Case in point: The National Association of Realtors and Smart Growth America found in a 2007 survey that, when asked “which of the following proposals is the best long-term solution to reducing traffic in your area,” 75 percent of Americans identified either more public transit or building “communities where people do not have to drive as much.” Only 21 percent said “build more roads.”
The truth is that many of us have wanted to date other modes of transportation for quite some time. But the shotgun wedding keeps us in bed with the same old lover.
Now, suddenly, we have a chance to make things different. A thinking president has placed an impressive gang in key environmental positions his administration, and the biggest of all environmental issues — climate change — is forcing us to wrestle with the ever-rising contribution of the transportation sector to greenhouse gas emissions.
According to the U.S. Environmental Protection Agency, “Transportation sources accounted for approximately 29 percent of total U.S. [greenhouse gases] emissions in 2006. Transportation is the fastest-growing source of U.S. GHG, accounting for 47 percent of the net increase in total U.S. emissions since 1990.
So surely — surely — now, we’ll start making the transition from highways to trains ... from subsidizing sprawl to rebuilding cities ... from encouraging long commutes to supporting pedestrian-friendly neighborhoods ... from manufacturing cars to making trolleys. Surely, we’ll start our long trek back from Futurama.
Nahhhh. The bulk of transportation spending is going to — surprise, surprise — cars and highways. Take, for example, the president’s stimulus package — an ideal opportunity, it would seem, to begin to transform the American transportation system:
“Despite the golden opportunity of extra funding, most states did not use the opportunity to make as much progress as possible on long-term goals,” concludes a report from Smart Growth America. “Even though repair backlogs can stretch years or decades into the future, nearly one-third of the money, $6.6 billion, went towards roadway new capacity projects. At a time when public transportation ridership is hitting all-time highs and the budget crunch is causing transit agencies to cut routes, service and jobs, an abysmal 0.9% was spent on public transportation. Only 2.8% percent was spent on non-motorized projects (i.e., bike and pedestrian projects).”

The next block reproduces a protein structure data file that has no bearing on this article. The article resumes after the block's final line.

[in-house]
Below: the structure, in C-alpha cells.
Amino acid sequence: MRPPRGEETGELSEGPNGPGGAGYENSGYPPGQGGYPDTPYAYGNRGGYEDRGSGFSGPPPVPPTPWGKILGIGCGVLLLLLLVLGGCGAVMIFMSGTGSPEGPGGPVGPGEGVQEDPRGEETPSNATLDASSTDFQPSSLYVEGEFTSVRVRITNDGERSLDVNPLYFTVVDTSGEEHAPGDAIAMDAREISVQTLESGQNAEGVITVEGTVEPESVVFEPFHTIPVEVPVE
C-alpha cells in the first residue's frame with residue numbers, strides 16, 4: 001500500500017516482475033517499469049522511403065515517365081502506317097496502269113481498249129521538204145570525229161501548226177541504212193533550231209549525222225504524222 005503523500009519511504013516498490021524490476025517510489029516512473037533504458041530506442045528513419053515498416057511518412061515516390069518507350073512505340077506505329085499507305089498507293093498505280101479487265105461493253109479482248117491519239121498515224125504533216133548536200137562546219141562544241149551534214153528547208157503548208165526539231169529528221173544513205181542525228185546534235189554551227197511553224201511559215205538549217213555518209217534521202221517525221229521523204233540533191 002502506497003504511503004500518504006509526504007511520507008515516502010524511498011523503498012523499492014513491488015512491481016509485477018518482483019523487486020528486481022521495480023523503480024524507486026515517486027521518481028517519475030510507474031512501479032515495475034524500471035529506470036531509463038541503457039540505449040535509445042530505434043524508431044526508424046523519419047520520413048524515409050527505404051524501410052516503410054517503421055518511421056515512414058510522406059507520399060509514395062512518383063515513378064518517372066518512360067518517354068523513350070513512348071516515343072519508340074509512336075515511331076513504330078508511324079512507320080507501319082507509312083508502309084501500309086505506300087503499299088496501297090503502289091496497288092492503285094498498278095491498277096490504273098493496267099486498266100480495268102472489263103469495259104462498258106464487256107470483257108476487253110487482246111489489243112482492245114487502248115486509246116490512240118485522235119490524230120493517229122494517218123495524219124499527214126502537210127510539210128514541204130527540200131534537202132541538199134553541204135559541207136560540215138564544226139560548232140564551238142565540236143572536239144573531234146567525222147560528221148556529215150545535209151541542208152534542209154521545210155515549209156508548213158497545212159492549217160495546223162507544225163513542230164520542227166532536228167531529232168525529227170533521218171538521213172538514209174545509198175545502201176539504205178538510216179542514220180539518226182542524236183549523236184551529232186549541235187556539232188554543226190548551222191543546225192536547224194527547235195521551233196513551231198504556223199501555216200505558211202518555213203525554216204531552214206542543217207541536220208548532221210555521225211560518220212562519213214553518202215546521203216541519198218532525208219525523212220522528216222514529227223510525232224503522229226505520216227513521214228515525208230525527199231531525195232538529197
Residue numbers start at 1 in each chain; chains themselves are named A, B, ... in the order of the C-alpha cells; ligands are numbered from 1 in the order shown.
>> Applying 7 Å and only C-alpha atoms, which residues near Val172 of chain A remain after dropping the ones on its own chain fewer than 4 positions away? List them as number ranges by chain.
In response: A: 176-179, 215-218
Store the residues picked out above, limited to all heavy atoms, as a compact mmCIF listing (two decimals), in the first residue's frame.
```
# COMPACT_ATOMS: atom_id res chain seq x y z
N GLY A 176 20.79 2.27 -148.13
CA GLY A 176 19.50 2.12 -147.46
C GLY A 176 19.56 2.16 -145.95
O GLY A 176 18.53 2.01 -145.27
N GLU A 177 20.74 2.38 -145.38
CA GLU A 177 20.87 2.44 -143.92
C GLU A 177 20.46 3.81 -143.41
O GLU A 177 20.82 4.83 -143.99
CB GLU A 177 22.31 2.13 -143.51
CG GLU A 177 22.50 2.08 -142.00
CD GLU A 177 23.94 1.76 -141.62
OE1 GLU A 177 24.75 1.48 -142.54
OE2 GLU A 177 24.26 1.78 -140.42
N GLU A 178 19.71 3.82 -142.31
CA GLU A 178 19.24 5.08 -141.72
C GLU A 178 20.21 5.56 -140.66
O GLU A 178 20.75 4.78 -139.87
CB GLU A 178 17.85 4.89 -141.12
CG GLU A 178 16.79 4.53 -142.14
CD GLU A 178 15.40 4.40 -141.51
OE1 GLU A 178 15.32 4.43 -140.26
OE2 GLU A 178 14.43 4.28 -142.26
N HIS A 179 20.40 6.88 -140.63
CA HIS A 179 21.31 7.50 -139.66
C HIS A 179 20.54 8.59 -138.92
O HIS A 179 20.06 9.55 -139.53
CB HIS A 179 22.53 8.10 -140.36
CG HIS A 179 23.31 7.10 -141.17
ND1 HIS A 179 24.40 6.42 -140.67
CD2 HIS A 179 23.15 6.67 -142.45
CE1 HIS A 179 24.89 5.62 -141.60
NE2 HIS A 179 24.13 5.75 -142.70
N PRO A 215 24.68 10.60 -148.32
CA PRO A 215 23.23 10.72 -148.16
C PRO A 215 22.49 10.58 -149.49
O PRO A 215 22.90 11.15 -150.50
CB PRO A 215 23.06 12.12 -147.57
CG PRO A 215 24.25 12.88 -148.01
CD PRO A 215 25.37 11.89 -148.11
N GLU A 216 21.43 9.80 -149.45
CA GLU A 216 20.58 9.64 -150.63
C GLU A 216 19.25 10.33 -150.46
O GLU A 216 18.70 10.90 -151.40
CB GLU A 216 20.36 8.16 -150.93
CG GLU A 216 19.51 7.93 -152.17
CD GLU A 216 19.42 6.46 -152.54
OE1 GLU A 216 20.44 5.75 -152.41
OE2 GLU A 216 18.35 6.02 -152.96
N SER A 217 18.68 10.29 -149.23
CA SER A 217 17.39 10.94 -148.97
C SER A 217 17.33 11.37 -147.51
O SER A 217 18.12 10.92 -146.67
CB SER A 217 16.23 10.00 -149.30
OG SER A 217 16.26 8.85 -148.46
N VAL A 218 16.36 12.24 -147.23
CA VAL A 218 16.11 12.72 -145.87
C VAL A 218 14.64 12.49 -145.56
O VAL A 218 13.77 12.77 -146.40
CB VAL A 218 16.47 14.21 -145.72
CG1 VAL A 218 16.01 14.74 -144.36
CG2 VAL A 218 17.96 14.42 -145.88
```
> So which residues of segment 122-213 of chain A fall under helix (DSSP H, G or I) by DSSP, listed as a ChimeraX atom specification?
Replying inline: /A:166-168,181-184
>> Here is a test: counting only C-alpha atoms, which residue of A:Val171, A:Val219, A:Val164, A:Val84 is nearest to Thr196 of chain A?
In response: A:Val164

A similar disparity is apparent on the vehicle side of the equation: Billions of dollars are now being spent on bailing out car manufacturers, subsidies for next-generation automobiles and research into “electrofuels” and long-lasting batteries. Much less money is being spent on research for more efficient rail projects.
Why is that? Why is it that when most Americans profess a desire to live in communities with transportation options at the very same time that such a switch might help us combat climate change, our public money keeps flowing to cars and highways?
Certainly, part of it is the inertia of interest-group politics in Washington. Lobbyists for cars and highways are a hell of a lot more powerful than are advocates for trains, bicycles, pedestrians and work-live-play “new urbanist” communities.
But Goldberg also points to a mindset that seems to sweep away the media and to force the public debate over transportation into the same old cycle of which politician got the most road money for his district and what new auto technology is the most exciting.
“We are still gaga for vehicles and vehicle technology,” he says. “It’s amazing how many stories are written about technologies that are, for the most part, fantasies.”
I noticed one example of that recently on, of all places, National Public Radio. Despite the fact that vehicle fatalities already are far lower than they were a decade ago, NPR joined in the gee-whiz-a-thon with a holiday season look at highway safety. Among other things, it focused on the need to spend money maintaining roads, as well as futuristic ideas like driverless pod cars.
Most ordinary people, Goldberg says, get it. They see how every year it becomes more and more difficult to justify those two cars in the garage; how walking, biking and relaxing with a book while riding transit can be a lot more pleasant than getting stuck daily in traffic jams; how rising fuel costs and environmental regulations will make it a very different world in the future.
It’s time for policy makers and the mainstream media to get it also.